How was Albert Einstein’s approach to science inflected by his Judaism? Steven Gimbel’s provocative new book takes on the chief accusation of Einstein’s Nazi opponents: the claim that relativity somehow expresses a Jewish sensibility.
Gimbel, the chair of the philosophy department at Gettysburg College, decries the anti-Semitism associated with the Nazis’ attempt to frame Einstein’s theories as “Jewish science,” but he simultaneously identifies a grain of truth in the claim, citing parallels between practices of talmudic interpretation and Einstein’s approach to science.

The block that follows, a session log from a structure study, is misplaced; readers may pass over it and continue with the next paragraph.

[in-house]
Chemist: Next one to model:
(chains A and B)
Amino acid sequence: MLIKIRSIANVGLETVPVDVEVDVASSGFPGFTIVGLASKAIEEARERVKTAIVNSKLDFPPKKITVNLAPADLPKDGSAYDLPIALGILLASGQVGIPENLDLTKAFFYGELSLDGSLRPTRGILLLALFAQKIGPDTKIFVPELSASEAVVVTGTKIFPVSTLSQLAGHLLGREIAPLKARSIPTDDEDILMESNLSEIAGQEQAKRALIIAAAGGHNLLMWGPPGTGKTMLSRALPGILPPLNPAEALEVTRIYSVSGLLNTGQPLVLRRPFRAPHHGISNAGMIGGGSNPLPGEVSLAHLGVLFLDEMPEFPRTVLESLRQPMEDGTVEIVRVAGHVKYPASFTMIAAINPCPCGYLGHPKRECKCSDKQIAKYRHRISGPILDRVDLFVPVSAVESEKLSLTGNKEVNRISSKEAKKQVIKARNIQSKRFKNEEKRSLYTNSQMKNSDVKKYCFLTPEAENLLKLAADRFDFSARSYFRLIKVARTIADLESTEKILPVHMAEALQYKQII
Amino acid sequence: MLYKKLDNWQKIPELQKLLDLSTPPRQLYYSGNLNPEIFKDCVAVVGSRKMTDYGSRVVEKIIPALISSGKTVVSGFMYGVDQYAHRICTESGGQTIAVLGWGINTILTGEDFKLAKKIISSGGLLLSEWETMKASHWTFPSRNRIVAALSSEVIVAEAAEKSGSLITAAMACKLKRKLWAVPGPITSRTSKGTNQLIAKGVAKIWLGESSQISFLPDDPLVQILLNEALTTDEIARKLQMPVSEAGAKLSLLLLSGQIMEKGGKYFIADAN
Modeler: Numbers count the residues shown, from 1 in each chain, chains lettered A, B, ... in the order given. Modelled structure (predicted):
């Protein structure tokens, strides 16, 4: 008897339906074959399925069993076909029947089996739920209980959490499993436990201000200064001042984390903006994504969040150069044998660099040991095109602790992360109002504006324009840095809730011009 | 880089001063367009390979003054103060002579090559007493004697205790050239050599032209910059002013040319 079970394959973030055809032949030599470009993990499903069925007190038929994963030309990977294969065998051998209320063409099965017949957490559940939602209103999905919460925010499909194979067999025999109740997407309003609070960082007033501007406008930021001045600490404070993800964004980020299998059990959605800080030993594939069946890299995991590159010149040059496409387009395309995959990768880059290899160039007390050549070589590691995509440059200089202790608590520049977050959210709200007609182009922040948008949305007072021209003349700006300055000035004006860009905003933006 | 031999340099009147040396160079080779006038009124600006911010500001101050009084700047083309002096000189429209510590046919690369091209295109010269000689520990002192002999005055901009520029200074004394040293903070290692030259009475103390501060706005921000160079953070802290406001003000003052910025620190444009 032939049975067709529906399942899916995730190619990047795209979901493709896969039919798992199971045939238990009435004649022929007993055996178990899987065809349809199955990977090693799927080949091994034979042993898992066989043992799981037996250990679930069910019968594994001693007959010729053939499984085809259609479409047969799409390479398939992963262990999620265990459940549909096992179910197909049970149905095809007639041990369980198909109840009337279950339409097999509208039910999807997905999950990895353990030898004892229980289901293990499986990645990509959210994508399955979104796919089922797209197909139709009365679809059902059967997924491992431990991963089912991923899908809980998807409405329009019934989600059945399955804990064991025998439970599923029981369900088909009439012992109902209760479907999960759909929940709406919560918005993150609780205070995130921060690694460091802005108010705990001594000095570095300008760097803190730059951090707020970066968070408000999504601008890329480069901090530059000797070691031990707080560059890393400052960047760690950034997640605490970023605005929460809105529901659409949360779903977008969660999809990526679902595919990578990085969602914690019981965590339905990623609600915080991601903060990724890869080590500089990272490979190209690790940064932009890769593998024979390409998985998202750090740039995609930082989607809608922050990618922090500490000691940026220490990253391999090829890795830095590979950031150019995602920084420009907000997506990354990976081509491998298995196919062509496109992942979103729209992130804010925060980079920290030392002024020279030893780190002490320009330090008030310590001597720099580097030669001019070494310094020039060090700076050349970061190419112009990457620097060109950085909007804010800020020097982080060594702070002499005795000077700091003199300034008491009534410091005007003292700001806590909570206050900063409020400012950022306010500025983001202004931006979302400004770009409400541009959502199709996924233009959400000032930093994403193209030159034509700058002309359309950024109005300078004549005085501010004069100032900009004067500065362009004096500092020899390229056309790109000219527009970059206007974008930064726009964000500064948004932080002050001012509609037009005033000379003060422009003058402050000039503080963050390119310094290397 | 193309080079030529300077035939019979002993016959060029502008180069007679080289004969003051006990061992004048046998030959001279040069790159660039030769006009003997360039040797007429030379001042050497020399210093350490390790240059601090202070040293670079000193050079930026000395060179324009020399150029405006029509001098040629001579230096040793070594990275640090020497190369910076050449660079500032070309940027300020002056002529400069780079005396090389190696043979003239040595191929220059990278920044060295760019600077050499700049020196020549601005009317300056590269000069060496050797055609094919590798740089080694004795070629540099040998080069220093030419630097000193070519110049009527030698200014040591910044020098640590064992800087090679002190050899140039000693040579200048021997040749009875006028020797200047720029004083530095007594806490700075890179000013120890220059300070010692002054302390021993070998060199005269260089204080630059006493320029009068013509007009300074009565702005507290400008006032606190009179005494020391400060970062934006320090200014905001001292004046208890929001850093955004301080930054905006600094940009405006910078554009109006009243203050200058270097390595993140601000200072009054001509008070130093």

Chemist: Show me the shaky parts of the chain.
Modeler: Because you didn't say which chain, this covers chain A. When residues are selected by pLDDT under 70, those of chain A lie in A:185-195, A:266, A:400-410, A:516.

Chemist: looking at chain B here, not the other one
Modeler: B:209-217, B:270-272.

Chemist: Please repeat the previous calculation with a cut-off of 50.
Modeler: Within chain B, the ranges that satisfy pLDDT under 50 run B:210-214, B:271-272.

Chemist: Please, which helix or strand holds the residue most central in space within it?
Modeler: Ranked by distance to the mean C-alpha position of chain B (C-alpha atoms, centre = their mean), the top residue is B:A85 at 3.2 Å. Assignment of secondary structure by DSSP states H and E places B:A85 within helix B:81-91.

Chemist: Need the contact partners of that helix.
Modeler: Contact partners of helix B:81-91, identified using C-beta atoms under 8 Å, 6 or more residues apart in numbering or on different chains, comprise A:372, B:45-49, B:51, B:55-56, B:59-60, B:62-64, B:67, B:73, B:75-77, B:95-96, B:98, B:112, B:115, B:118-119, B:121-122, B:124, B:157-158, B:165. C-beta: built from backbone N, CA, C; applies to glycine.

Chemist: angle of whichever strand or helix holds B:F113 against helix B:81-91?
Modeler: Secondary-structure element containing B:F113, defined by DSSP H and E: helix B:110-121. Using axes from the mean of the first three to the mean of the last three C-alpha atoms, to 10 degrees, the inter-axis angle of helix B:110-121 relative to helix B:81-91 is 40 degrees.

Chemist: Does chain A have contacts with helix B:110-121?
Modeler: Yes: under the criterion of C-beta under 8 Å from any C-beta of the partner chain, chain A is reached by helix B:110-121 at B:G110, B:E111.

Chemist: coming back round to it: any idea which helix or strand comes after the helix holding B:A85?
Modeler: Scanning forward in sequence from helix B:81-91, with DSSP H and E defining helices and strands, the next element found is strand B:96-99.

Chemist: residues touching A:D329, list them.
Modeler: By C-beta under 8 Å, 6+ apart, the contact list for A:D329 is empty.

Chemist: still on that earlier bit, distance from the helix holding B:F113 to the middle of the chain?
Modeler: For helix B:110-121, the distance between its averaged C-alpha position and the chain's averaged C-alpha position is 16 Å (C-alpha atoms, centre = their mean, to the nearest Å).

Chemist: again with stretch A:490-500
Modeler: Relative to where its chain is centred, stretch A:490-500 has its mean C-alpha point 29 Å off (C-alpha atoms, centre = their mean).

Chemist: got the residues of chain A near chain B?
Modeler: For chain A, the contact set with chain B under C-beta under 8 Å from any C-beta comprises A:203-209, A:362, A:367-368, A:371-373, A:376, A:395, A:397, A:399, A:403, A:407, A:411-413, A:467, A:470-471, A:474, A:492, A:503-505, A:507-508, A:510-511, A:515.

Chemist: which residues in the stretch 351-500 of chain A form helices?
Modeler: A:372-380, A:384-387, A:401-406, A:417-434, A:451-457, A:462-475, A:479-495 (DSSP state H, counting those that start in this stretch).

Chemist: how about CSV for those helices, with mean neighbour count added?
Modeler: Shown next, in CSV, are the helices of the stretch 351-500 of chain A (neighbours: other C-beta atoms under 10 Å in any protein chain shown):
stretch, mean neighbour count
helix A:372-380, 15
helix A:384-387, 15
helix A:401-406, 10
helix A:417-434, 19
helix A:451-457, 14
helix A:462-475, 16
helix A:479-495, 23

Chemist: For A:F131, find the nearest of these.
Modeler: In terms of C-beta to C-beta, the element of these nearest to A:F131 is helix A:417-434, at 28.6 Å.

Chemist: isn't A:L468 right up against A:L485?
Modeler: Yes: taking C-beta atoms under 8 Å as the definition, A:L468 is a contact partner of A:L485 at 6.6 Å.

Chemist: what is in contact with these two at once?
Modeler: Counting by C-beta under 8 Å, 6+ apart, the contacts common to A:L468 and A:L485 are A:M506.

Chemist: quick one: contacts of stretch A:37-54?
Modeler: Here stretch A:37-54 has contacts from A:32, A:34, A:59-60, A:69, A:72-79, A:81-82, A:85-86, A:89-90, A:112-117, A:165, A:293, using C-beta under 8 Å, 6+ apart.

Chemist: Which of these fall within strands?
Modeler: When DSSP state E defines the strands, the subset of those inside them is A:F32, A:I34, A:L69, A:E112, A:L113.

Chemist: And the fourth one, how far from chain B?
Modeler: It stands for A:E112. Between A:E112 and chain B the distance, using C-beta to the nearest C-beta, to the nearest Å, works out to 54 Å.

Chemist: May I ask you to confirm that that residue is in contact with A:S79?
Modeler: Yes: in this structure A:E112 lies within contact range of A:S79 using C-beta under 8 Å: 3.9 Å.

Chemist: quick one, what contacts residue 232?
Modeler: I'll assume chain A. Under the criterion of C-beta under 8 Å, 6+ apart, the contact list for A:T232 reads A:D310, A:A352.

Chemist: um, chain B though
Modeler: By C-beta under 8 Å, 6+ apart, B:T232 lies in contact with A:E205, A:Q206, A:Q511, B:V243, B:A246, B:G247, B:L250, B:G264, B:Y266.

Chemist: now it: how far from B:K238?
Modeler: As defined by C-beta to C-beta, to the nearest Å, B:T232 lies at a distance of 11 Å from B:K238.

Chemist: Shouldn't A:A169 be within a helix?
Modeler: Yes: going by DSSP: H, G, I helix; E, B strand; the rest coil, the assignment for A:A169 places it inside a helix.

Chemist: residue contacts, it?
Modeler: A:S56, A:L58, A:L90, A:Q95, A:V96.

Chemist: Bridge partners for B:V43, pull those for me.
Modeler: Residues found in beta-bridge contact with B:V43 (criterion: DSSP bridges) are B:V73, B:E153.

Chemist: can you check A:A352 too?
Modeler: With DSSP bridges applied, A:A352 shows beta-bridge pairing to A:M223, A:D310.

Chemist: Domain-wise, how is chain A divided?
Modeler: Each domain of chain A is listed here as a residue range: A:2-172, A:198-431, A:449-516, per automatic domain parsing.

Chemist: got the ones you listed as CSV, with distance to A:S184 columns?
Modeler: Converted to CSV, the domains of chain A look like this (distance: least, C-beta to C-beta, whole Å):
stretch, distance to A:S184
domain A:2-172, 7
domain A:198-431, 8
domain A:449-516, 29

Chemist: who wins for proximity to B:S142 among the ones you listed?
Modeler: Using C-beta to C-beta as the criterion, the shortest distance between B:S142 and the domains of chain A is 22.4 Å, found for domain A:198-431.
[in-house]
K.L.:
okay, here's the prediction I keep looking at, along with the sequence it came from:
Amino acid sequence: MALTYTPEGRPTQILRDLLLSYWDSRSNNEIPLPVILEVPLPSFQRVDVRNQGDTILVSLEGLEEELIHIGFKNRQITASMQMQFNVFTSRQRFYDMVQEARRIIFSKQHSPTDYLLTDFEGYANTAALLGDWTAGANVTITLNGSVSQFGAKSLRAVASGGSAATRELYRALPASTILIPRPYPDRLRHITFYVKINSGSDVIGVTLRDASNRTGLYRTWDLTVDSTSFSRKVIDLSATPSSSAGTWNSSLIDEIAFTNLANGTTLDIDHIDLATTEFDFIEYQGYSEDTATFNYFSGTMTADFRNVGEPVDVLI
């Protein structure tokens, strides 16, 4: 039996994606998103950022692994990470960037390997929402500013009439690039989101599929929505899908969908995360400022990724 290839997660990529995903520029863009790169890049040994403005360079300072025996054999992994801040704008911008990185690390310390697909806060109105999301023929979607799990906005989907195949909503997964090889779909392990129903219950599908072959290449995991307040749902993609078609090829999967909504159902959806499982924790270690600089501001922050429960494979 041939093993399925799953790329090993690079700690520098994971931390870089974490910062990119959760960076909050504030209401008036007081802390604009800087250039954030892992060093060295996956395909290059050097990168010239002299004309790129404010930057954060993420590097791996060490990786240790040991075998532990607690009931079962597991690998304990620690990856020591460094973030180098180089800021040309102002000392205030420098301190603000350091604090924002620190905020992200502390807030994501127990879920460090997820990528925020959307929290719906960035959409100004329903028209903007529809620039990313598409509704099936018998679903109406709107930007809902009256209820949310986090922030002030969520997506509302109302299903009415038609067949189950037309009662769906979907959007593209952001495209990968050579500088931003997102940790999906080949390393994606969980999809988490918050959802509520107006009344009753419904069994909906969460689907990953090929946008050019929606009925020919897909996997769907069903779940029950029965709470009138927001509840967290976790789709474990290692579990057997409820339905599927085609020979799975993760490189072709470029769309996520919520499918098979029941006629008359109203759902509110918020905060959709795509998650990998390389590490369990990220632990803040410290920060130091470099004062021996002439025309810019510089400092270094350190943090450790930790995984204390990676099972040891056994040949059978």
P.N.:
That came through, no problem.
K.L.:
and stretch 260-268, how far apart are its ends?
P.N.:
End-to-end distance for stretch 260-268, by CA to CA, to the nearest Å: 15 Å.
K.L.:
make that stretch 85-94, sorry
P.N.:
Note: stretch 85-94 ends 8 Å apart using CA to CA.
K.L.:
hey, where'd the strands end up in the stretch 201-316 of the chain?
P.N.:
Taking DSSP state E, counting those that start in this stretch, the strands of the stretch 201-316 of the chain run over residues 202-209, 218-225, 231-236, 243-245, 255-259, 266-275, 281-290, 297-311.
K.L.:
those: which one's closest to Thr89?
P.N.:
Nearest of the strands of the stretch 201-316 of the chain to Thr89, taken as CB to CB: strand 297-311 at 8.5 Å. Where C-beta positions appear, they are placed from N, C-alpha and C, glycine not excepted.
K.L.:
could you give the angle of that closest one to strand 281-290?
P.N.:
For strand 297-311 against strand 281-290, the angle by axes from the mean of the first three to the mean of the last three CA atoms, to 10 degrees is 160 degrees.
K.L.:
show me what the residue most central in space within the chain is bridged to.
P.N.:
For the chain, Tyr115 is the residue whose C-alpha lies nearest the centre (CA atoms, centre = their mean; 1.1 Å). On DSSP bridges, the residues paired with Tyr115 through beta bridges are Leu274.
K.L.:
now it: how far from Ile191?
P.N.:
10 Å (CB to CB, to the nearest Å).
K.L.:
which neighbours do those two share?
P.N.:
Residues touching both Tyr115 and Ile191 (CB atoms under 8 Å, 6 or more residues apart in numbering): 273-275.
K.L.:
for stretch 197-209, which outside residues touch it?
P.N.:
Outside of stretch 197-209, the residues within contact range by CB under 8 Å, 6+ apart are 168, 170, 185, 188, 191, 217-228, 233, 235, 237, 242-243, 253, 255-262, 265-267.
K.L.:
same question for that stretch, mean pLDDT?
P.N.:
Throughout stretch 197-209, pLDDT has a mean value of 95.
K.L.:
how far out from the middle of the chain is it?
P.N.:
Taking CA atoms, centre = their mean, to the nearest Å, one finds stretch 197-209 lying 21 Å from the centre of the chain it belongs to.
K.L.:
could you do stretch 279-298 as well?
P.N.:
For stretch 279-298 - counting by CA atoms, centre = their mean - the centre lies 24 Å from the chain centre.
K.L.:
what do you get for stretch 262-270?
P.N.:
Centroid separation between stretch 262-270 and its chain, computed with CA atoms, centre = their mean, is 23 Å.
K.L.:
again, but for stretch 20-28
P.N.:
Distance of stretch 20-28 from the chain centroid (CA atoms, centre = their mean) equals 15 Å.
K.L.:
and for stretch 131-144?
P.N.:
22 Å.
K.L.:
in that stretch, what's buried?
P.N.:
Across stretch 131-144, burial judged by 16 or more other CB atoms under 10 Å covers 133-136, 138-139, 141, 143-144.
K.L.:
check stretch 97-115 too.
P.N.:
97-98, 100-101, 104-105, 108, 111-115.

To understand Gimbel’s argument about the Jewish quality of Einstein’s approach — and to perceive the boldness of Gimbel’s decision to re-examine twentieth-century, anti-Semitic ideas about “Jewish science” — it’s necessary first to understand the historical moment out of which the theory of relativity emerged.
In 1919, British astronomers’ observations of stars seen near the sun at the time of a solar eclipse made Einstein the world’s...